Slate has an article on the most recent AI (Artificial Intelligence) project in poetry writing. It’s a response to a New Scientist article titled Neural network poetry is so bad we think it’s written by humans. – Matt Reynolds – July 7, 2017)
I’d seen the New Scientist article but didn’t report on it before because I’ve had other posts on AI poetry and Turing tests, but after seeing it reported about again at Slate I took the test and, oy, have to say it’s a particularly interesting and humbling one. I felt smug when I first started to take it as I figured I’d beat it easily, but it trounced me soundly more than one time.
Take the test here: Neural Poetry
In “What Happens When an A.I. Program Tries to Write Poetry?” (Grace Ballenger – Slate – July 14, 2017) Ballenger writes
“In a quiz that Hopkins designed to test the algorithm, respondents were only able to guess that the computer-generated poems had been written by a computer 46.2 percent of the time….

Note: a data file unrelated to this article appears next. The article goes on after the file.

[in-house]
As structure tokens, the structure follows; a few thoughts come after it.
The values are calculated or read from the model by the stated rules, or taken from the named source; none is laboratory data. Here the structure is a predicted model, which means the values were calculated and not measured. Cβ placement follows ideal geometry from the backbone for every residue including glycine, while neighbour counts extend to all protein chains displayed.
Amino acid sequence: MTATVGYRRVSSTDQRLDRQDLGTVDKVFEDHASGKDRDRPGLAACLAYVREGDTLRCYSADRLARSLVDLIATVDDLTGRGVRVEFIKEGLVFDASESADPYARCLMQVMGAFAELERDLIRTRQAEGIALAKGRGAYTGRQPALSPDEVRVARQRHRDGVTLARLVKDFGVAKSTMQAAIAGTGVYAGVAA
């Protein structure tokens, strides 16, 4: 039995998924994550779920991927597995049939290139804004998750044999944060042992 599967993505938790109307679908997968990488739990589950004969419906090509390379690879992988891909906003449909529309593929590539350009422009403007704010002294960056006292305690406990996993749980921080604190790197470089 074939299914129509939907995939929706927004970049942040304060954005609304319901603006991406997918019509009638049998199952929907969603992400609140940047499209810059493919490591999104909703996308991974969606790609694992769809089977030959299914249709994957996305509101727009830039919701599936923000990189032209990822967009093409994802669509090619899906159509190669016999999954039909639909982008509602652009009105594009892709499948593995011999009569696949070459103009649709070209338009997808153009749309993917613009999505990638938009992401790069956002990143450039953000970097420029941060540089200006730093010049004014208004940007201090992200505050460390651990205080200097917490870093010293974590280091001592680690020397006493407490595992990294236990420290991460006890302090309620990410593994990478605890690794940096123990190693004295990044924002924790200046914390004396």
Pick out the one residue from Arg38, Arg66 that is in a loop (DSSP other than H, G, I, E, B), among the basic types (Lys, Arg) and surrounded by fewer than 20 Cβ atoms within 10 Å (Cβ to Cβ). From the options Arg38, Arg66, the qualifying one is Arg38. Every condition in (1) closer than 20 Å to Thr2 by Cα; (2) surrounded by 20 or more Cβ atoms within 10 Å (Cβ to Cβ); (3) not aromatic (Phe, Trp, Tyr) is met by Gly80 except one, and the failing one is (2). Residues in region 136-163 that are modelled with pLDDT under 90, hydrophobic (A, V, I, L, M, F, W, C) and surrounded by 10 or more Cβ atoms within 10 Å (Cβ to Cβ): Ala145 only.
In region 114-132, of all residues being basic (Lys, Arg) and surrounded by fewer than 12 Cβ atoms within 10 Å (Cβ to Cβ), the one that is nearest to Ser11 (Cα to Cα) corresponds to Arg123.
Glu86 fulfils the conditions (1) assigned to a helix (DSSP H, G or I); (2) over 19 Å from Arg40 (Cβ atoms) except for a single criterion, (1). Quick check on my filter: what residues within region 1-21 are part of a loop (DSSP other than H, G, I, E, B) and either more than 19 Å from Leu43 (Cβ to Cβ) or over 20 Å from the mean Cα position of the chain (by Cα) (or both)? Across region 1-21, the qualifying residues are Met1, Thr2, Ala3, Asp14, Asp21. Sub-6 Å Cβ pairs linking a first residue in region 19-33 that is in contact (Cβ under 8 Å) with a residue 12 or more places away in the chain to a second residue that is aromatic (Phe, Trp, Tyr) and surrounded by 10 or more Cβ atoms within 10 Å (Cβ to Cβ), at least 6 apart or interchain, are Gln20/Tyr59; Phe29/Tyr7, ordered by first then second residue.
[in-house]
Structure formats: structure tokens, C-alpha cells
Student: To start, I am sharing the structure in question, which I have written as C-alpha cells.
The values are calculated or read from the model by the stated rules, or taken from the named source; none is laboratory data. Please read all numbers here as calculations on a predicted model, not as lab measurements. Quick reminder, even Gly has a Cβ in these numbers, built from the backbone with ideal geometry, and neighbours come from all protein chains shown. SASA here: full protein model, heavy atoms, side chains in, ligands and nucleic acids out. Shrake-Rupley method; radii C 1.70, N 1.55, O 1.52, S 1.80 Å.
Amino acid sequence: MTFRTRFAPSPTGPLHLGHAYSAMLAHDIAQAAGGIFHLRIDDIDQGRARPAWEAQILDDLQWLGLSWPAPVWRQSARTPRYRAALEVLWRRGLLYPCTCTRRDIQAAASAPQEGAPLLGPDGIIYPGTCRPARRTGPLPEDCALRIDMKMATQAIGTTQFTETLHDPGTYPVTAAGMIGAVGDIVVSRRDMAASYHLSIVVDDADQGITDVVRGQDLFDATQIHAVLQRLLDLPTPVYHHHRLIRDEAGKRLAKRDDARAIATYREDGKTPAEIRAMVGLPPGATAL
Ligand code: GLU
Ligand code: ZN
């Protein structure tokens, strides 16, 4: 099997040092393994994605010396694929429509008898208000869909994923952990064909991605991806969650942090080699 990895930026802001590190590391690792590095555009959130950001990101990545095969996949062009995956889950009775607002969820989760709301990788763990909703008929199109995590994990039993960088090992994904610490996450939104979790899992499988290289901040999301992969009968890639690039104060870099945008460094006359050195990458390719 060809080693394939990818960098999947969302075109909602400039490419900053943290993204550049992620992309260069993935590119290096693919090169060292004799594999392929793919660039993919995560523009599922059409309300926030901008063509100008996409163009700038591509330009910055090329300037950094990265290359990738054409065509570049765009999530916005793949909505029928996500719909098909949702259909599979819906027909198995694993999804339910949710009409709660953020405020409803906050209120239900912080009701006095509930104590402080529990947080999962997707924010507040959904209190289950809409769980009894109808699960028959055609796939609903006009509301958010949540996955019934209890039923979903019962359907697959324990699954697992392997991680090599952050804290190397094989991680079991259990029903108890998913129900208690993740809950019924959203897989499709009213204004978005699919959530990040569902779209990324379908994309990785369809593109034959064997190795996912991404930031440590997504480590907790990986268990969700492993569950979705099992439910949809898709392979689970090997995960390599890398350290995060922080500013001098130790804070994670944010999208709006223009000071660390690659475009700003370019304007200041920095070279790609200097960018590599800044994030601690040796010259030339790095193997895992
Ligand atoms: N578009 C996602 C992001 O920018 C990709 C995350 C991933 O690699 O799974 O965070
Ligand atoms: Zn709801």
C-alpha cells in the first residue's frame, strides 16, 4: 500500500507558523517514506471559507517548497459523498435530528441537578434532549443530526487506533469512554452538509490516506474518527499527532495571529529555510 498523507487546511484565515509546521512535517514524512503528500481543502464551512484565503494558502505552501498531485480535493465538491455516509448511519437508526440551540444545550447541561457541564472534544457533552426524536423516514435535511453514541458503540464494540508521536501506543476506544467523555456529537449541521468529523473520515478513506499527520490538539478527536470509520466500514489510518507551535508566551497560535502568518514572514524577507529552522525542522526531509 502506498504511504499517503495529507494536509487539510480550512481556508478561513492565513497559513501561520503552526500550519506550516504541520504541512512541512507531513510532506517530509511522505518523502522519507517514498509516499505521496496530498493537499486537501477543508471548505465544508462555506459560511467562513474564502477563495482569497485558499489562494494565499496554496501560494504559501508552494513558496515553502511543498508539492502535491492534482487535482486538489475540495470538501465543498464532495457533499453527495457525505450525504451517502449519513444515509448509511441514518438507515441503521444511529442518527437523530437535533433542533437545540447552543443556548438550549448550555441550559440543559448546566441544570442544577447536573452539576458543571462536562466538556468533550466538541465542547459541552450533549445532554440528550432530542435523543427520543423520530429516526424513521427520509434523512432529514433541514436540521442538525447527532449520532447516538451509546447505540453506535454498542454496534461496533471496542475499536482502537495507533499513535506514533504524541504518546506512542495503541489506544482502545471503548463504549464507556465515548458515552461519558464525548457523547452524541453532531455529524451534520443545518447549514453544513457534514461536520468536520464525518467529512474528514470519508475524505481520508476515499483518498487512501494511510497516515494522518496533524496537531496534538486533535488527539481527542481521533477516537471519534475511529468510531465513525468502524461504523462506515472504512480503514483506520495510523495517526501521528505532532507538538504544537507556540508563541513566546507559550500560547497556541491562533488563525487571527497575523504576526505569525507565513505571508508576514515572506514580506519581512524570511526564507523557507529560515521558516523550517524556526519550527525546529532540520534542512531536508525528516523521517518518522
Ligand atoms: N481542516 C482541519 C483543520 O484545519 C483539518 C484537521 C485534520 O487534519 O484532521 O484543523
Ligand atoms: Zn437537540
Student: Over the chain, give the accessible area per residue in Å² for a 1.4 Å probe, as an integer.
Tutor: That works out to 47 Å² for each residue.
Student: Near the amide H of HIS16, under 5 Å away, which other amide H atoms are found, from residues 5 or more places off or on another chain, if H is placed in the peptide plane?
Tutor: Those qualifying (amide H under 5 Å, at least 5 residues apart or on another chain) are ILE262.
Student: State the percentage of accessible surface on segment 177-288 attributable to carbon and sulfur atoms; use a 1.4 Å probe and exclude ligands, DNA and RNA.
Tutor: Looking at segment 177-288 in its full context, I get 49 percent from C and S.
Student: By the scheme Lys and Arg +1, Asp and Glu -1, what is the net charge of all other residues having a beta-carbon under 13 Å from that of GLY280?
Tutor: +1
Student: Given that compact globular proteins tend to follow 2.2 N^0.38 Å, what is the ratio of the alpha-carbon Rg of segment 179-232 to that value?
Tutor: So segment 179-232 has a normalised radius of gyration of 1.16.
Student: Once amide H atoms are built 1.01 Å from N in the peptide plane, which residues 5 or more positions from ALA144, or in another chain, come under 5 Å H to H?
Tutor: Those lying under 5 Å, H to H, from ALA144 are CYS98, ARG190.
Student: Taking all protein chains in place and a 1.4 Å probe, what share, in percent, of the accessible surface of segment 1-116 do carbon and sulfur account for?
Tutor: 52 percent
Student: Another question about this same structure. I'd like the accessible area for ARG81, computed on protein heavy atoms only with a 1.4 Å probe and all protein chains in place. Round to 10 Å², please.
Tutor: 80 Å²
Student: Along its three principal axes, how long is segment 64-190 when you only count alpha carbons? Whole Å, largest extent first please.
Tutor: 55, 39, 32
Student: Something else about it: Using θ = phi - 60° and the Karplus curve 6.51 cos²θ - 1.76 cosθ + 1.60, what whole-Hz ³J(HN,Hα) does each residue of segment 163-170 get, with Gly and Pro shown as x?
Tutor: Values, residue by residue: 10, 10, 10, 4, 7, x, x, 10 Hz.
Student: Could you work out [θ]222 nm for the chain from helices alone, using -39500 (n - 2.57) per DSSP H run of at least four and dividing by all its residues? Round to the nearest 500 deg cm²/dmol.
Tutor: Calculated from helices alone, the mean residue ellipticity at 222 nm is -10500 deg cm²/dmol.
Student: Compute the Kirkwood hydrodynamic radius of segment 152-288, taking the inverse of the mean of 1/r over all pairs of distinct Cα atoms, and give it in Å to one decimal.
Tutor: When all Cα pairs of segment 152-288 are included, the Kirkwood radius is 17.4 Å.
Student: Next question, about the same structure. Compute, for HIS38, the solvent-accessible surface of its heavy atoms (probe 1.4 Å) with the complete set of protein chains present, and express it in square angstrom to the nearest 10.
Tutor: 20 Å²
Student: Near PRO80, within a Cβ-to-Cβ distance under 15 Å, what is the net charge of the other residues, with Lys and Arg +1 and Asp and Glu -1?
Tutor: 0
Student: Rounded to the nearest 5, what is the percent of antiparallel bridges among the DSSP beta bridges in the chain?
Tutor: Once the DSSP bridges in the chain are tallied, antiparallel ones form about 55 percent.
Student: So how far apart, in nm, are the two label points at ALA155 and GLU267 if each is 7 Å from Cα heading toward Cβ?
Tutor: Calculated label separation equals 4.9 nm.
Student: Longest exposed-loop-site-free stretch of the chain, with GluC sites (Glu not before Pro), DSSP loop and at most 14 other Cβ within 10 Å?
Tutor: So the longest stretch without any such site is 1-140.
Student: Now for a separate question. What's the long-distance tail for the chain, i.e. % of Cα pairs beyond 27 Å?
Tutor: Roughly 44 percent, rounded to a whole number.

“The poetry generated by Hopkin’s program may stand up to a test by a casual reader. However, when the New Scientist asked modern-day poet Rishi Dastidar to evaluate the poetry, he was critical of the work produced. Hopkins’ algorithm was trained on poetry that relied more on form than most modern poets, who largely “stopped thinking about these things seventy years ago,” Dastidar told the New Scientist….”
Later note: Thank you to Larry for pointing out that I referred to this as a “Turning Test” instead of a “Turing Test.” Duh. No wonder I failed it. 😉 -TAA